For more than a generation, the elderly children of the late Ed Broder of Edmonton, Alberta, Canada, scrapped shamelessly over the one material possession of great worth that their father had left them–maybe the finest set of mule deer antlers ever taken by a hunter in fair chase. The battle would eventually involve a broken deathbed promise, seven years of bitter familial litigation, false affidavits, clandestine negotiations, a will that was likely forged, possible perjury and obstruction of justice, “contempt of court in spades” according to a presiding judge, a Montana antler collector believed to have secretly purchased the antlers (only to later disavow any knowledge of the transaction), jail time for an old man in a wheelchair, a $40,000 fine, a plea of temporary insanity, and last but most certainly not least, eBay.
Those antlers came from the swamps and sand hills around Chip Lake, about 85 miles due west of Edmonton, Alberta. In November of 1926, an Edmonton farmer, Ed Broder, and his hunting partners loaded provisions and gear into a 1914 Model T and drove until the road gave out at a sawmill camp near the lake. From there they went by hired horse-drawn sleigh to a cabin in the Bigoray River country.
The hunting was all on foot after that and primarily about meat. Broder killed a black bear during the first week. The second brought a foot of fresh tracking snow and the print of a big buck. Broder picked up the track on the afternoon of the 26th and trailed it to where the buck had been bedded. He cut moose tracks but decided to stay on the deer. Miles later, reaching the edge of a clearing, he sighted the buck, rump to him, 200 yards away. Deciding to take it, he brought up his .32 Winchester Special. Broder was simply “shootin’ at some food,” aiming high for the spine, when the buck lifted its head.
What a rack that one’s got, he must have thought as the deer fell to his single bullet.
Indeed. It took Broder some 35 years to have the antlers officially scored, but from the beginning he knew they were exceptional. Mounted, they hung in his house for the rest of his life, drawing no small amount of attention from fellow deer hunters. When he finally had them taped, they proved to have a 38 5/8-inch outside spread, 43 scorable points, and a final Boone and Crockett Club nontypical tally of 355 2/8, making them in absolute terms the largest recorded antlers of any species of deer–mule, whitetail, or blacktail. A score like that, in fact, would have made them one hell of an elk rack.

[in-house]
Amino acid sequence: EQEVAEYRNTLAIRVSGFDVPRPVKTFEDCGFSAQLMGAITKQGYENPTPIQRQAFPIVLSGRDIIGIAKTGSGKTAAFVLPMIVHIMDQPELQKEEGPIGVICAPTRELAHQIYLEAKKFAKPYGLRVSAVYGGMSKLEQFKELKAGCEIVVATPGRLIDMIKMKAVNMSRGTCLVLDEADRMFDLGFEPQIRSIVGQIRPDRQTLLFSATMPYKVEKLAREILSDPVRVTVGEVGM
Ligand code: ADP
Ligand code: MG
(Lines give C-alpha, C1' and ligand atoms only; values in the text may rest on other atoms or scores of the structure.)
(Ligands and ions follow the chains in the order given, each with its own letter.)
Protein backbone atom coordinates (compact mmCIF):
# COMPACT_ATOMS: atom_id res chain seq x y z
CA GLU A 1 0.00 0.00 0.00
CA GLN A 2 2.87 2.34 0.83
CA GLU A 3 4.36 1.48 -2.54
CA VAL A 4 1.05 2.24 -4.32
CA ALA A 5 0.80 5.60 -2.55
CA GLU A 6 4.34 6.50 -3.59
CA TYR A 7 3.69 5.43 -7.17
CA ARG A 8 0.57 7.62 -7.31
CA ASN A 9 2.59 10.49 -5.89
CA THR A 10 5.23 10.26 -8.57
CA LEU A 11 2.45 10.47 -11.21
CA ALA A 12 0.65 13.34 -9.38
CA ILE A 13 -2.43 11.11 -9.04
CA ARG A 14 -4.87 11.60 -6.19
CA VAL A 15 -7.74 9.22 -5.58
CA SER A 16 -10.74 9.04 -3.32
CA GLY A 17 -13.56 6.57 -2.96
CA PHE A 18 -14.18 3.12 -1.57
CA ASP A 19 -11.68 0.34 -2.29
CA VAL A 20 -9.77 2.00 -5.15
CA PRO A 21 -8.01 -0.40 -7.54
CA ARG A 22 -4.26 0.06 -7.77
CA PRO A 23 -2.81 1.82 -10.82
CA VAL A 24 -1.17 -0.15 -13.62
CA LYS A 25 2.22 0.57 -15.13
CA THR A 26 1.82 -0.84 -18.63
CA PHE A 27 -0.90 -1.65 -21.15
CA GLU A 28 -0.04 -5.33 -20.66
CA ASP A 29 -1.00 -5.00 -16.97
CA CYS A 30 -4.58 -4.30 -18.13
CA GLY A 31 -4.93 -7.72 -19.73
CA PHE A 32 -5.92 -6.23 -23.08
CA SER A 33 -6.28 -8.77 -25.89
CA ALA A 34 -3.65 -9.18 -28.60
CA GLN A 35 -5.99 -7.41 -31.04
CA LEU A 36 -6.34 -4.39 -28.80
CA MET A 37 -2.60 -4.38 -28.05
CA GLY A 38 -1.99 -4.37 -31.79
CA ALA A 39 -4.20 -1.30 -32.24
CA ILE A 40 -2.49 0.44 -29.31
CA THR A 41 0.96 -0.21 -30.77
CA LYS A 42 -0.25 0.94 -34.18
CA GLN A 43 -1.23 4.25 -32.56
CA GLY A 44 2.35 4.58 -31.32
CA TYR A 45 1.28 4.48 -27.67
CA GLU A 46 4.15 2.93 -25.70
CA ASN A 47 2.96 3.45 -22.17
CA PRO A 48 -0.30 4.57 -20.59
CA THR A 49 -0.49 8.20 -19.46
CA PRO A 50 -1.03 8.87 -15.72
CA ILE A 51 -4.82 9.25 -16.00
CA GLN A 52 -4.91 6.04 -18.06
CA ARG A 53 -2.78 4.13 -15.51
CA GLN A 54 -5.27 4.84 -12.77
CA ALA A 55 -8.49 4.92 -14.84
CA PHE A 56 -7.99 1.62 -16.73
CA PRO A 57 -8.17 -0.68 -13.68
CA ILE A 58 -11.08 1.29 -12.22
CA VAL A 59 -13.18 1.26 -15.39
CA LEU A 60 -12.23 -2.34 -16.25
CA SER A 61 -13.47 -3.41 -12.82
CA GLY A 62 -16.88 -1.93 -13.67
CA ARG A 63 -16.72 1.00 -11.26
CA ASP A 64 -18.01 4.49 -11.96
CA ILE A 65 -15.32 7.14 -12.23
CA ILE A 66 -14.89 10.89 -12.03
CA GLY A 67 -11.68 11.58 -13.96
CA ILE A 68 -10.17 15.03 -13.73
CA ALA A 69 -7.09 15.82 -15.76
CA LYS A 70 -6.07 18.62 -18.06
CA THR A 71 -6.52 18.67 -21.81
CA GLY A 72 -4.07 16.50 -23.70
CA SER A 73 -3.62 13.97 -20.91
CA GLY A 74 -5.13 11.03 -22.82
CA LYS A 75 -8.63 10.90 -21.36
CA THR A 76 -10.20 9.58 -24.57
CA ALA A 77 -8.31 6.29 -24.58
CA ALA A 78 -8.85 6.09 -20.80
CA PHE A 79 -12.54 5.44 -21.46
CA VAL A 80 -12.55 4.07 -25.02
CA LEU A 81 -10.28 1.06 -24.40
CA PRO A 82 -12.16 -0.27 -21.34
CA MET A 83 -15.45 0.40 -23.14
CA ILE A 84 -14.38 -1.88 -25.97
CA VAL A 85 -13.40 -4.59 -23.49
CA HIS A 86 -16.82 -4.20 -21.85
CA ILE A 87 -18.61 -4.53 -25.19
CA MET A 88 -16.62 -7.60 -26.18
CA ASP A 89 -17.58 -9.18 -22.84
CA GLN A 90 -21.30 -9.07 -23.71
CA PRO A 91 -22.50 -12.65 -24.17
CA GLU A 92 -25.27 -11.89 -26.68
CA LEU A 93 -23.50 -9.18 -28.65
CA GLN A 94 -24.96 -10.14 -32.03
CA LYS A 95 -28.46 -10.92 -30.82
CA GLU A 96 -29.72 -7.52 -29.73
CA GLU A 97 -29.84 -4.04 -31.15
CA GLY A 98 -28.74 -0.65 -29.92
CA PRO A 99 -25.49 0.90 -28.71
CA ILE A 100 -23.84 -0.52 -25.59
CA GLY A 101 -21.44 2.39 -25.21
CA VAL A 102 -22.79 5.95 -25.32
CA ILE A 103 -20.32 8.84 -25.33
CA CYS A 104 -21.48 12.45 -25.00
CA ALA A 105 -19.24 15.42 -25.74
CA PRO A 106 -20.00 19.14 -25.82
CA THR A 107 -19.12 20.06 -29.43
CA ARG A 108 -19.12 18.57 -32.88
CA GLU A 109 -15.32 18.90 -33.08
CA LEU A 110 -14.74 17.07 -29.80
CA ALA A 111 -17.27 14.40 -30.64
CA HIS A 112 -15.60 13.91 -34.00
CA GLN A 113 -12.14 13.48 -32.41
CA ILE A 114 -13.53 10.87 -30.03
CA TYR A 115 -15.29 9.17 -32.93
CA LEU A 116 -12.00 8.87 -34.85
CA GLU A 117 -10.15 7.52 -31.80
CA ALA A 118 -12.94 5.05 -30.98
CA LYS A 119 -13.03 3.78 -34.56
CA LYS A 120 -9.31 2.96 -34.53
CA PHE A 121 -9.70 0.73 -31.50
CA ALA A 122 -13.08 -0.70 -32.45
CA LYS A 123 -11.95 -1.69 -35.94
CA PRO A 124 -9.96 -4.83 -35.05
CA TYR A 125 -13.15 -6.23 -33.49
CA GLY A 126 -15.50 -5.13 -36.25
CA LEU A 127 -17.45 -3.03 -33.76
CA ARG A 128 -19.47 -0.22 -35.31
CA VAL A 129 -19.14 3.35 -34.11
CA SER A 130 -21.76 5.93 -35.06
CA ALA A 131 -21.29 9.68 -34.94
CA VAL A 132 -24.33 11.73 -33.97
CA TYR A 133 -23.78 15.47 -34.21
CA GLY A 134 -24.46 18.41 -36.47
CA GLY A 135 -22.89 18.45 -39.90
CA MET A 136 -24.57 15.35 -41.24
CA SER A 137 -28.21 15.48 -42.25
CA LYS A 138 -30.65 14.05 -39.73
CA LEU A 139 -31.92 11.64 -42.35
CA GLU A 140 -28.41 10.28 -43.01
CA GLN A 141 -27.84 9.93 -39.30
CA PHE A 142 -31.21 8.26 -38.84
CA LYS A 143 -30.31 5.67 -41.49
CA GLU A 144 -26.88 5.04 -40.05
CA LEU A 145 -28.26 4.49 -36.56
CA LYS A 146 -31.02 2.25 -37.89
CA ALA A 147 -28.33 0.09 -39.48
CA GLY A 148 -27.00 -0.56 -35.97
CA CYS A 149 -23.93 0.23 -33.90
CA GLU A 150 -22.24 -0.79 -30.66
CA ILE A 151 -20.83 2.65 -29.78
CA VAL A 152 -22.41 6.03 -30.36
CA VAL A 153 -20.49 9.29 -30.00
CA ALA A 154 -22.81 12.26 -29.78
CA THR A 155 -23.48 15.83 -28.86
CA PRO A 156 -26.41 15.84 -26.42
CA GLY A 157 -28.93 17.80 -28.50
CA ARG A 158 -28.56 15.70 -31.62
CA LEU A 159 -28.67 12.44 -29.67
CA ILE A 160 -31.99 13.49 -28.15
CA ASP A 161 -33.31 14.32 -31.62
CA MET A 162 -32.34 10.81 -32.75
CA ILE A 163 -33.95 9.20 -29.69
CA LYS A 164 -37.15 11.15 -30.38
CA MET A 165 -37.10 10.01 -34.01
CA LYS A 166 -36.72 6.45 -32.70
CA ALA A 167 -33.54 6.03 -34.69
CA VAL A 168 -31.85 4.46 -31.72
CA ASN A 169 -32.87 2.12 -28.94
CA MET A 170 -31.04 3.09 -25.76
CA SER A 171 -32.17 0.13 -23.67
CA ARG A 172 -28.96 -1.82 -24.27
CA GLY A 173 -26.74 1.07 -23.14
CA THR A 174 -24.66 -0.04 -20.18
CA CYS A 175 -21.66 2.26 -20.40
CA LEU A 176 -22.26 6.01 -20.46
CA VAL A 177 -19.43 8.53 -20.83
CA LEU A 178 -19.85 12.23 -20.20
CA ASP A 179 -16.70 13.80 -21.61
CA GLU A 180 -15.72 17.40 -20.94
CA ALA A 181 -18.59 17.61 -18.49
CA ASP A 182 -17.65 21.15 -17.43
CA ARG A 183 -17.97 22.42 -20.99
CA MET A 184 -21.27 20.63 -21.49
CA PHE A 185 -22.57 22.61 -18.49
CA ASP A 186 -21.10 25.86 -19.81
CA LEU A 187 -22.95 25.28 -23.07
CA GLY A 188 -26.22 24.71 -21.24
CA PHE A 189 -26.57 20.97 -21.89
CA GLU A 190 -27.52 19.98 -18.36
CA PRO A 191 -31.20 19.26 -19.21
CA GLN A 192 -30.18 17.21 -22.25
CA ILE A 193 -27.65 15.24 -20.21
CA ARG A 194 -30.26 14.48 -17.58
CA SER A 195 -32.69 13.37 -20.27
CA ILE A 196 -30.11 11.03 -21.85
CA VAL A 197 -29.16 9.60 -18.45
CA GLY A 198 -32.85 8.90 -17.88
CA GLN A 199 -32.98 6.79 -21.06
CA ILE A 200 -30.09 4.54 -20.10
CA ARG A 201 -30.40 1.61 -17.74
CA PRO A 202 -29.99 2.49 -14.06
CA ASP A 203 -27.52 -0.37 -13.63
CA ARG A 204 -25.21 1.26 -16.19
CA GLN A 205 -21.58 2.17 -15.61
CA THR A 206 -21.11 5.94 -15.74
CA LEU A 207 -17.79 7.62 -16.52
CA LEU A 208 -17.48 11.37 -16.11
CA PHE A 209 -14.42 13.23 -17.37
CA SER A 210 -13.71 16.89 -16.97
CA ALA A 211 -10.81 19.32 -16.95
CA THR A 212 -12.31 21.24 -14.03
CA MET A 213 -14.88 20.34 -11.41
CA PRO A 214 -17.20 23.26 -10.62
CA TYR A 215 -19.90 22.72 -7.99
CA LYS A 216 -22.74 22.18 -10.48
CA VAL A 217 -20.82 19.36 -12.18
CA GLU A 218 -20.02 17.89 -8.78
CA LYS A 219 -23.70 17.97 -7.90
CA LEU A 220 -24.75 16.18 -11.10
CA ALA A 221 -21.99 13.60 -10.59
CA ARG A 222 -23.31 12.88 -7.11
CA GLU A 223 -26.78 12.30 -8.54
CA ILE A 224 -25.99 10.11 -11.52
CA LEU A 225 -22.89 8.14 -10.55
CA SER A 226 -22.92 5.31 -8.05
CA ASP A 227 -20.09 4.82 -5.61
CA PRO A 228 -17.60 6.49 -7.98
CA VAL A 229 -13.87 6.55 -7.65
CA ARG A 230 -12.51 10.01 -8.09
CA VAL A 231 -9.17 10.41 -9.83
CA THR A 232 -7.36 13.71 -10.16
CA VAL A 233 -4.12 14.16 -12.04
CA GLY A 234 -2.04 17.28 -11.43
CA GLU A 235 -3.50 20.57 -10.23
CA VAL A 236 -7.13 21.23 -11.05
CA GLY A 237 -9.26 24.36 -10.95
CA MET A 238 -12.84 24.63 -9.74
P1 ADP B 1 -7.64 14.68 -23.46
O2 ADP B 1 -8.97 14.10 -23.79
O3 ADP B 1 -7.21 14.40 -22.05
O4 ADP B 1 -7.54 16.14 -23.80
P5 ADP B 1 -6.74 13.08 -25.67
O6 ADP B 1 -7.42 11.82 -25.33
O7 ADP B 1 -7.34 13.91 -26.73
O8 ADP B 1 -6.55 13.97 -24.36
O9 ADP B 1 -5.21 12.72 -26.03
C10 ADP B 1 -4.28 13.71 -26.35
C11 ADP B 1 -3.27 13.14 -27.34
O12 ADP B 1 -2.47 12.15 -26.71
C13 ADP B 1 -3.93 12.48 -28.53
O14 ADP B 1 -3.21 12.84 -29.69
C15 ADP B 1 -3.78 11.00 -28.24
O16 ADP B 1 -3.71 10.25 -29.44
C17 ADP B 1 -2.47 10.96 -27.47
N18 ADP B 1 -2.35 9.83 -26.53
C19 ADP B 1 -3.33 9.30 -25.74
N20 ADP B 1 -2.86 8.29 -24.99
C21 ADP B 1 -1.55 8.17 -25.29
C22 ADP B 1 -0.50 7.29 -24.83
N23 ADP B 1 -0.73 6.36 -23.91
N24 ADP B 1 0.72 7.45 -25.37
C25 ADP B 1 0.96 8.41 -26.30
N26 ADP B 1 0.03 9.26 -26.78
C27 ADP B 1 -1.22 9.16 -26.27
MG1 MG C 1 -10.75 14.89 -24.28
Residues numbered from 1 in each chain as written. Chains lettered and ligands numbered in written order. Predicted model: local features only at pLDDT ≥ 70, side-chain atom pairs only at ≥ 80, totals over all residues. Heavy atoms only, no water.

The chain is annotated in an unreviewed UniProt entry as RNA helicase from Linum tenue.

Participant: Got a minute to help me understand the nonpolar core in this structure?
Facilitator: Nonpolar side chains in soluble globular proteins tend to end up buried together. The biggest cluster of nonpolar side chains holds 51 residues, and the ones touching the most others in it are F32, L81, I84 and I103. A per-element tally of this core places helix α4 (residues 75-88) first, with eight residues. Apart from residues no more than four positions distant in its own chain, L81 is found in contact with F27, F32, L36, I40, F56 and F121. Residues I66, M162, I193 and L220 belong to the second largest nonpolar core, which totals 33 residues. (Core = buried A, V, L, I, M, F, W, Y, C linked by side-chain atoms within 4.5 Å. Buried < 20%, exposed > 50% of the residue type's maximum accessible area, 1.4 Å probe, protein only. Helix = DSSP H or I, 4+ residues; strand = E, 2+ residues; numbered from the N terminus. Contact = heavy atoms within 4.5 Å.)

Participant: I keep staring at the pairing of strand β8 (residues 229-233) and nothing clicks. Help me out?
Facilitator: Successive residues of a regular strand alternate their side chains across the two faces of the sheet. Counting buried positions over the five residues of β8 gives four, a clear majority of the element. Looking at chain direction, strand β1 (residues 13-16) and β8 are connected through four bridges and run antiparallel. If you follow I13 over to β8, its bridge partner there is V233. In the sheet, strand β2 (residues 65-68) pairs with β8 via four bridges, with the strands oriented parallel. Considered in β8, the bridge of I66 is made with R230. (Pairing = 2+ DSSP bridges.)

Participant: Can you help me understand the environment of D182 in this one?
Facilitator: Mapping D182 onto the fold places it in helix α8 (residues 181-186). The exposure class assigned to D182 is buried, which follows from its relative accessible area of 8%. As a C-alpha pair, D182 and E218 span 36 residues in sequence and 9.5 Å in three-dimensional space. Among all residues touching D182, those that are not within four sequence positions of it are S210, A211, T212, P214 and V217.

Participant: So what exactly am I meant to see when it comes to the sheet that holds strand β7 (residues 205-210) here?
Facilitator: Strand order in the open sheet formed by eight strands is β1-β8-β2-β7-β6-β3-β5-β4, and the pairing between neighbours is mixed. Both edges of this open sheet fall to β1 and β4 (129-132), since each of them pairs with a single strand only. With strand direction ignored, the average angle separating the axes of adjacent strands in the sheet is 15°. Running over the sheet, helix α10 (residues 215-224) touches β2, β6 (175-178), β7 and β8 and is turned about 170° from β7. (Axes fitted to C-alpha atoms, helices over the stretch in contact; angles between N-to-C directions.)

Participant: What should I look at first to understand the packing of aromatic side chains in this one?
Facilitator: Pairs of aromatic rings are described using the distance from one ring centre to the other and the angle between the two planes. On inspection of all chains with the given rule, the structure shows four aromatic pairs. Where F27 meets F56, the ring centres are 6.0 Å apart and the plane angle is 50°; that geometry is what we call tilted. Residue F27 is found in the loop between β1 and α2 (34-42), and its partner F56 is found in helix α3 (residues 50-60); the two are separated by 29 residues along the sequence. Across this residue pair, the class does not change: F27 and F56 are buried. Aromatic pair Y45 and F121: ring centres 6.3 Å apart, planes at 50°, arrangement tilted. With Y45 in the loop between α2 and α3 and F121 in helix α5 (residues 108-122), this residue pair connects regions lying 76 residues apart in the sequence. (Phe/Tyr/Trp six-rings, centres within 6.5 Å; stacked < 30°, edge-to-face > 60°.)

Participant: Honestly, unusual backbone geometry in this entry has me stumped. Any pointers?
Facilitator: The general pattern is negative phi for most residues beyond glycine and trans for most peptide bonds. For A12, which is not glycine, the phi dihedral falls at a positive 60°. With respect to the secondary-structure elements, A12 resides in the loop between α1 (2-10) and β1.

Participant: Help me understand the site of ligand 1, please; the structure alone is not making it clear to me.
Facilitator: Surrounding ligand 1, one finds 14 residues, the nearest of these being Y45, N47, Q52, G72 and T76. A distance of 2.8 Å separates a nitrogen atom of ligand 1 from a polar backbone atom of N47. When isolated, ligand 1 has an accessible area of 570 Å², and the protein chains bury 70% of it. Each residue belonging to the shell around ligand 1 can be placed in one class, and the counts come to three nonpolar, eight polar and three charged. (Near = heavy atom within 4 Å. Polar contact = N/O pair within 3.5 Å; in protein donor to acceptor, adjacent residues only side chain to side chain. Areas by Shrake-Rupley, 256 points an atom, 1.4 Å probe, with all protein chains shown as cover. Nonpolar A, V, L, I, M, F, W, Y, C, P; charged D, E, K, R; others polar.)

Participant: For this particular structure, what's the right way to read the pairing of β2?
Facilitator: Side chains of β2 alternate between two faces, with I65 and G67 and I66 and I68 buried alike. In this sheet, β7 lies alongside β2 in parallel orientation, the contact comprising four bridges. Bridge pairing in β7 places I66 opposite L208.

Broder was skilled at deer hunting but less so at other enterprises. In 1943, according to his son Don, Broder lost his farm and had to haul all his possessions, including the deer head, out to the side of the road. At the time of Broder’s death in 1968 he left an estate amounting to a Model T, a saddle and chaps, a few firearms, some personal effects, and the mounted head universally recognized as the “Broder Buck.”
A QUESTION OF WILL What he did not leave, apparently, was a last will and testament. The closest he came seems to have been a vow from Don he extracted as he lay dying, making him promise that the antlers would never pass out of the family. Presumably satisfied that the great trophy was safe, the old deer hunter took his final breath.
It took Broder’s kids exactly three years before they had the head up for sale, offering it in a small ad (with an incorrect score given) in the back pages of FIELD & STREAM. There must not have been any takers because in 1973 the head still hung on the wall of Ed Broder’s old house, until Don arrived one day and carted it away, ostensibly to display it at a sportsmen’s show.
Don kept the head in his house after that, unveiling it at more shows, as well as marketing photos and replicas of it, even hustling T-shirts bearing its image. After nearly a quarter century the other Broders wanted their piece of the head, too, and in 1997 filed a lawsuit to have the trophy sold and the proceeds divvied up among the seven children. Don, to say the least, balked.
He would claim he was only doing his father’s will–or lack of one–by refusing to let the Broder Buck go under the gavel. Nonetheless, his siblings obtained a court order in 2001 prohibiting Don from unilaterally selling or otherwise disposing of the head. In November 2003, he signed a sworn affidavit verifying that the antlers remained securely inside his house. Which made it particularly hard to fathom why the Broder Buck had already managed to show up on eBay the previous April.